Yesterday I attended a workshop organised by the museums association and hosted by Stephen Cannon-Brookes, of UCL Bartlett School of Architecture and lighting consultant. I was there for work, but found it useful for my studies too.
To be honest, it wasn’t all about “New Perspectives” as such, it covered a lot of the the established ground too. But for a non expert like me, that was incredibly useful. It was also an opportunity to showcase the Society for Light and Lighting (SLL)’s Lighting Guide 8: Lighting for Museums and Art Galleries, though at £80 (£72 for the PDF) I won’t be rushing out to buy it. More of an institutional purchase I think. The first speaker, Paul Ruffles, talked us through that guide.
Beautiful objects in beautiful buildings deserve beautiful lighting.
It covers lighting principles, and stuff like visual adaptation, contrast ratio, colour appearance, colour rendering, glare, lighting the interior or display area, day light, electric lighting, access and security and emergency lighting (he explained that one unnamed city museum experienced a spike in consumption they couldn’t explain until they worked out a security guard afraid of the dark was turning all the lights on at night). The book its just for white box galleries, it also talks about historic interiors; temporary galleries; events and corporate entertaining; the shop and of course the cafe.
He explained that since the pulication of the previous version, LED lighting has become a useful tool in historic interiors, citing an example of Chatsworth’s great stair. Historic interiors need some obvious light sources, standing lamps and the like, but hidden ones -tiny LED spots in to the historic lighting can bring out fascinating details. However, he warned that when lighting historic places, the LED unit might only cost £28, but the wiring costs hundreds.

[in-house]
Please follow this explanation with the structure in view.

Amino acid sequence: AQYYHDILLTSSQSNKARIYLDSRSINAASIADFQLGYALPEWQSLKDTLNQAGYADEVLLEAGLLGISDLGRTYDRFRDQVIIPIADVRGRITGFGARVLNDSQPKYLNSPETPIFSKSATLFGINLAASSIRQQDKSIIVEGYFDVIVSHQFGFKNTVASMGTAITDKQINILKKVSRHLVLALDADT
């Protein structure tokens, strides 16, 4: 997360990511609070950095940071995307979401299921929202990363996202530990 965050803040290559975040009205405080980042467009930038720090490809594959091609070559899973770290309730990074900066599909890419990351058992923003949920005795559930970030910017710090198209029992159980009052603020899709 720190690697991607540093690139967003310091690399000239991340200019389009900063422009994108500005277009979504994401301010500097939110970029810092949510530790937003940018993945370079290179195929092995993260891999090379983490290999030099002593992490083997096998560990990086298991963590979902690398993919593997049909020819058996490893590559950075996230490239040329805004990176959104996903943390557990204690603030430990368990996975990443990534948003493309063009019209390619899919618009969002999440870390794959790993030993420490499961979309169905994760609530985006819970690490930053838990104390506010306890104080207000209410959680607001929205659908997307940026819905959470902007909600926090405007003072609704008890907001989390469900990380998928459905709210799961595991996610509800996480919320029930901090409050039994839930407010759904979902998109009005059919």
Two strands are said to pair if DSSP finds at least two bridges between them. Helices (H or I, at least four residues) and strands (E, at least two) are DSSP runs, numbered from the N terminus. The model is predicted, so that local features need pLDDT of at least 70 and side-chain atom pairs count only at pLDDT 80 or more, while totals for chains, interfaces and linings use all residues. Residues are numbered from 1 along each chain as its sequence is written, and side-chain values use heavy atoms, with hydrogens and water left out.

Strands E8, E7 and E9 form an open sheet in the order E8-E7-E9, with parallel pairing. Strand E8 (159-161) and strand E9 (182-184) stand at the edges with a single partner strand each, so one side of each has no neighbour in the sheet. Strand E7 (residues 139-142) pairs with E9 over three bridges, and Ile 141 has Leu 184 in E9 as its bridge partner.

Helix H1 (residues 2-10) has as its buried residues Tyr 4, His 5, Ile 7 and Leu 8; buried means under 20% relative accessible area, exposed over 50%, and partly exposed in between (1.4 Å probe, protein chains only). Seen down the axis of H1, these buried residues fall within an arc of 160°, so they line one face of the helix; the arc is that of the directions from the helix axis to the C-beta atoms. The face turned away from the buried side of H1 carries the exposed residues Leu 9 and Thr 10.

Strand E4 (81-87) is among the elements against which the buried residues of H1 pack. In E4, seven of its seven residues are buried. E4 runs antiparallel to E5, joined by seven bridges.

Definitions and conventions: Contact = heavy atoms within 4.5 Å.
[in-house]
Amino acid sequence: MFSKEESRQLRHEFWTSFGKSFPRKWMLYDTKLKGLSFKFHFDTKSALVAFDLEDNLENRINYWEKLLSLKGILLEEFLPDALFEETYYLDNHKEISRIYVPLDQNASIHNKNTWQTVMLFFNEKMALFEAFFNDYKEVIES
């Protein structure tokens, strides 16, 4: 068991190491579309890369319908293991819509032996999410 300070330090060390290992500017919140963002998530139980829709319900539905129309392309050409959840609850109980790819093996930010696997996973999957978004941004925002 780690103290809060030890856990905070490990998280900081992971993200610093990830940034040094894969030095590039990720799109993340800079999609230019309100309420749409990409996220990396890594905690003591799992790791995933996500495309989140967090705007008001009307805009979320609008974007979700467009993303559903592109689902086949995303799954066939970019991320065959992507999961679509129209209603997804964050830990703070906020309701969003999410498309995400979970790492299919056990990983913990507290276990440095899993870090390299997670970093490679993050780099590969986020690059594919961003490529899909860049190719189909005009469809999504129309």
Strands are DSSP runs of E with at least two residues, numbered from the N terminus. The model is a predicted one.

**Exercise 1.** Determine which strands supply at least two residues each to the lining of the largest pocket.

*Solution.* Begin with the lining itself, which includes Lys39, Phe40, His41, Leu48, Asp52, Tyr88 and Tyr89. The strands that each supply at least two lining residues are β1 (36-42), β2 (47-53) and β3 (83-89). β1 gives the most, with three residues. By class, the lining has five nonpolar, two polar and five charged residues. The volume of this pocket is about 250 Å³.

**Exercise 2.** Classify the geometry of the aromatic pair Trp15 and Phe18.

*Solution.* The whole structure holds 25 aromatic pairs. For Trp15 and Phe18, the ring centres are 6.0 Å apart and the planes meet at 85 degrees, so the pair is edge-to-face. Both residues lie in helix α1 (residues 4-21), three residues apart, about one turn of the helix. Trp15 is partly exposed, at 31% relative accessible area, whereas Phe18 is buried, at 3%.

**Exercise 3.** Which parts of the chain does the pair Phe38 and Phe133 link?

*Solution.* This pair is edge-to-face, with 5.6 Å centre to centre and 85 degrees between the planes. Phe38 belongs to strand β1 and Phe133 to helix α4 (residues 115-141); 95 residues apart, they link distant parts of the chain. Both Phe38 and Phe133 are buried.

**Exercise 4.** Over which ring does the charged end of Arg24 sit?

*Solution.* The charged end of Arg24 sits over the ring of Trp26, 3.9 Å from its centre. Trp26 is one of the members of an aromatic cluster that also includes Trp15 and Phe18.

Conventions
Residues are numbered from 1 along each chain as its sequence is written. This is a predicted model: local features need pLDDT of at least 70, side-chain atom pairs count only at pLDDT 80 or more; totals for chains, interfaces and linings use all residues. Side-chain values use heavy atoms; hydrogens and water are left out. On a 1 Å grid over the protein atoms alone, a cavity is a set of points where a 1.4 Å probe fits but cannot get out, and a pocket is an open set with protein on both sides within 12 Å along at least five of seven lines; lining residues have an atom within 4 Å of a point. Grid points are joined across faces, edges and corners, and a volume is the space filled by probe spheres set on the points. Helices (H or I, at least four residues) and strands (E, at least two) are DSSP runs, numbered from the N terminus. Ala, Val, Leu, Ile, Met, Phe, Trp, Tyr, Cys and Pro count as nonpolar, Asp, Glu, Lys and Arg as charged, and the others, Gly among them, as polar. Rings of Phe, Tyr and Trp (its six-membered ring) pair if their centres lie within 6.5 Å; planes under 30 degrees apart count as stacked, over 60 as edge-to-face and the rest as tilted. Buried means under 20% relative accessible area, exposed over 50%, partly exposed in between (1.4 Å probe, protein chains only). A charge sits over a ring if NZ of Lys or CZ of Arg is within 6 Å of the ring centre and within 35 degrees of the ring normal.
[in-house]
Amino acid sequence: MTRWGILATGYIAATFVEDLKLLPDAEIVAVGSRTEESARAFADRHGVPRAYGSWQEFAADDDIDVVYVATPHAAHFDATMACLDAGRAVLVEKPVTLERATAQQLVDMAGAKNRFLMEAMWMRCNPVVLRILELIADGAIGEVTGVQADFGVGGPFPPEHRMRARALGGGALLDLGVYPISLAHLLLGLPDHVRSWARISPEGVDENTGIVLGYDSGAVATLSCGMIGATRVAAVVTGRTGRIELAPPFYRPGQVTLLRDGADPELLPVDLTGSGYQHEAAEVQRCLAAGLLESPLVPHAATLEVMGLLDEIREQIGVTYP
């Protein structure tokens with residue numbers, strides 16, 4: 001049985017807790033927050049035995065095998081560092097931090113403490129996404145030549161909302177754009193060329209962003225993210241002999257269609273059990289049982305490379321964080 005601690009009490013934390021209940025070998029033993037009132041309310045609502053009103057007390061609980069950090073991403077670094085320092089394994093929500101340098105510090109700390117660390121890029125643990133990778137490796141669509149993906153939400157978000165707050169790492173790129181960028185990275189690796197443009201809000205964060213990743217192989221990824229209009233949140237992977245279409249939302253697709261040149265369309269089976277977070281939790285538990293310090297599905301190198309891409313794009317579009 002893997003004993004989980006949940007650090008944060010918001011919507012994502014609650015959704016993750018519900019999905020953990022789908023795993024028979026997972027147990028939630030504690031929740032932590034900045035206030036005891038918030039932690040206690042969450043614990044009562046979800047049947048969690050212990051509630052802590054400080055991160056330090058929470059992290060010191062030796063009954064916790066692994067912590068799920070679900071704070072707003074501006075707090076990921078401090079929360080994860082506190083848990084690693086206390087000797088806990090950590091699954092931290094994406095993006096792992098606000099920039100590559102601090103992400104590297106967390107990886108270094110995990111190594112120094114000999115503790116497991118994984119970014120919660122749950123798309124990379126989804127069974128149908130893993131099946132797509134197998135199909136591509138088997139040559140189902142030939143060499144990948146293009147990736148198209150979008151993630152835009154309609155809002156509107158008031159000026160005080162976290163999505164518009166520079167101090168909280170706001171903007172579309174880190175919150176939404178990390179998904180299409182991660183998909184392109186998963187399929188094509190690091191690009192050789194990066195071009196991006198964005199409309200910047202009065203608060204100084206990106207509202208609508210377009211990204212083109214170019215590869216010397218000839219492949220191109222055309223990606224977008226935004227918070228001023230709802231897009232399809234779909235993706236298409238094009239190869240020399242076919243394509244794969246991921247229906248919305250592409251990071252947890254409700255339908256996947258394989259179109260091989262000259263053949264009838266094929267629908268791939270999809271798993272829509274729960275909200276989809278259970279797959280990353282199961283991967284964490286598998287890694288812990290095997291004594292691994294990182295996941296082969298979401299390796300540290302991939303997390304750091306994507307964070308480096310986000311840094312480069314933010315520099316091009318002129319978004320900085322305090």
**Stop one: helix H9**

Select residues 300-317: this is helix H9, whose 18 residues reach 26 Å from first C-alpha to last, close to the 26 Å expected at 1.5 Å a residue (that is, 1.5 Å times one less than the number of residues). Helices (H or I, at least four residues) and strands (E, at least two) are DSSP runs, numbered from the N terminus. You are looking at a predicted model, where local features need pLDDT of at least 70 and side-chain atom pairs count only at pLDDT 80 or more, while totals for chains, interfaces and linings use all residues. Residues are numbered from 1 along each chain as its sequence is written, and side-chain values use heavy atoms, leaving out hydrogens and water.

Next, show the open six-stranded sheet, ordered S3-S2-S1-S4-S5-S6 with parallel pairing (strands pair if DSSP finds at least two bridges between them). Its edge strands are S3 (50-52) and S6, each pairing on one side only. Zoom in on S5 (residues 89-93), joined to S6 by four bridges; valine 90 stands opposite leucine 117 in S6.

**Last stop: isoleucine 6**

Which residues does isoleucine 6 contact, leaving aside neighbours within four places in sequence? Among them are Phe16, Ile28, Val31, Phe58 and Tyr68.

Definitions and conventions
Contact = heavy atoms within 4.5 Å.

His talk was littered with useful tips and anecdotes. Things like keeping track of the spare parts your supplier gives you – I can well believe that when they are needed, no one can remember who put them where. He points out that when you are planning what goes on the floor in your exhibition, you want to think not just about access for wheelchairs, but also access fro whatever cherry-picker or quickup tower you need to replace the lightbulb. Lightbulb replacement is getting less of a need as LED takes over from tungsten, but LED lights can still occasionally fail. And, if you need a five tonne cherry picker to get to the lights, make sure the floor can take five tonnes (and remember it’s turning circle).
Manchester City museum, wall of paintings all lit individually between 50 lux to 150 lux.
Next up was David Saunders of the International Institute for Conservation talking about The Balancing Act: Light, Conservation, and Access. He started off asking how much light to visitors need to see objects, there is evidently a rule of thumb that the minimum is 50 Lux. But he showed us a a Durer woodcut and a Turner Watercolour. The Durer needs just a few lux, it’s black and white, and high contrast. Reduced contrast such as in the Turner, increases light needs by factors of 10.
Gary Thomspon’s The Museum Environment was a very influential book, but most of the research that informed it was experiments done in university’s , with populations of students with (being generally younger) better eyesight than the average museum visitor. So a sixty five year ol needs 300 lux for the same performance as a 25 year old at 10 lux. Similarly Colour matching ability peaks in 20s. The ability degrades as you get older. The colour differentiation you can discern as a 20 year old at 10 lux, requires 1000 lux in 75 year old. There are other factors too, which may be less relevant in museum environments, like visual task difficulty (it takes less time to see things in brighter environments).So he points out that a object that we might think needs just 50 lux to see properly might actually need three times as much for older views. Another three times if it’s a low contrast item, which means as much as 500 lux. Ifs it’s a darker object, or a difficult visual task it might need even more.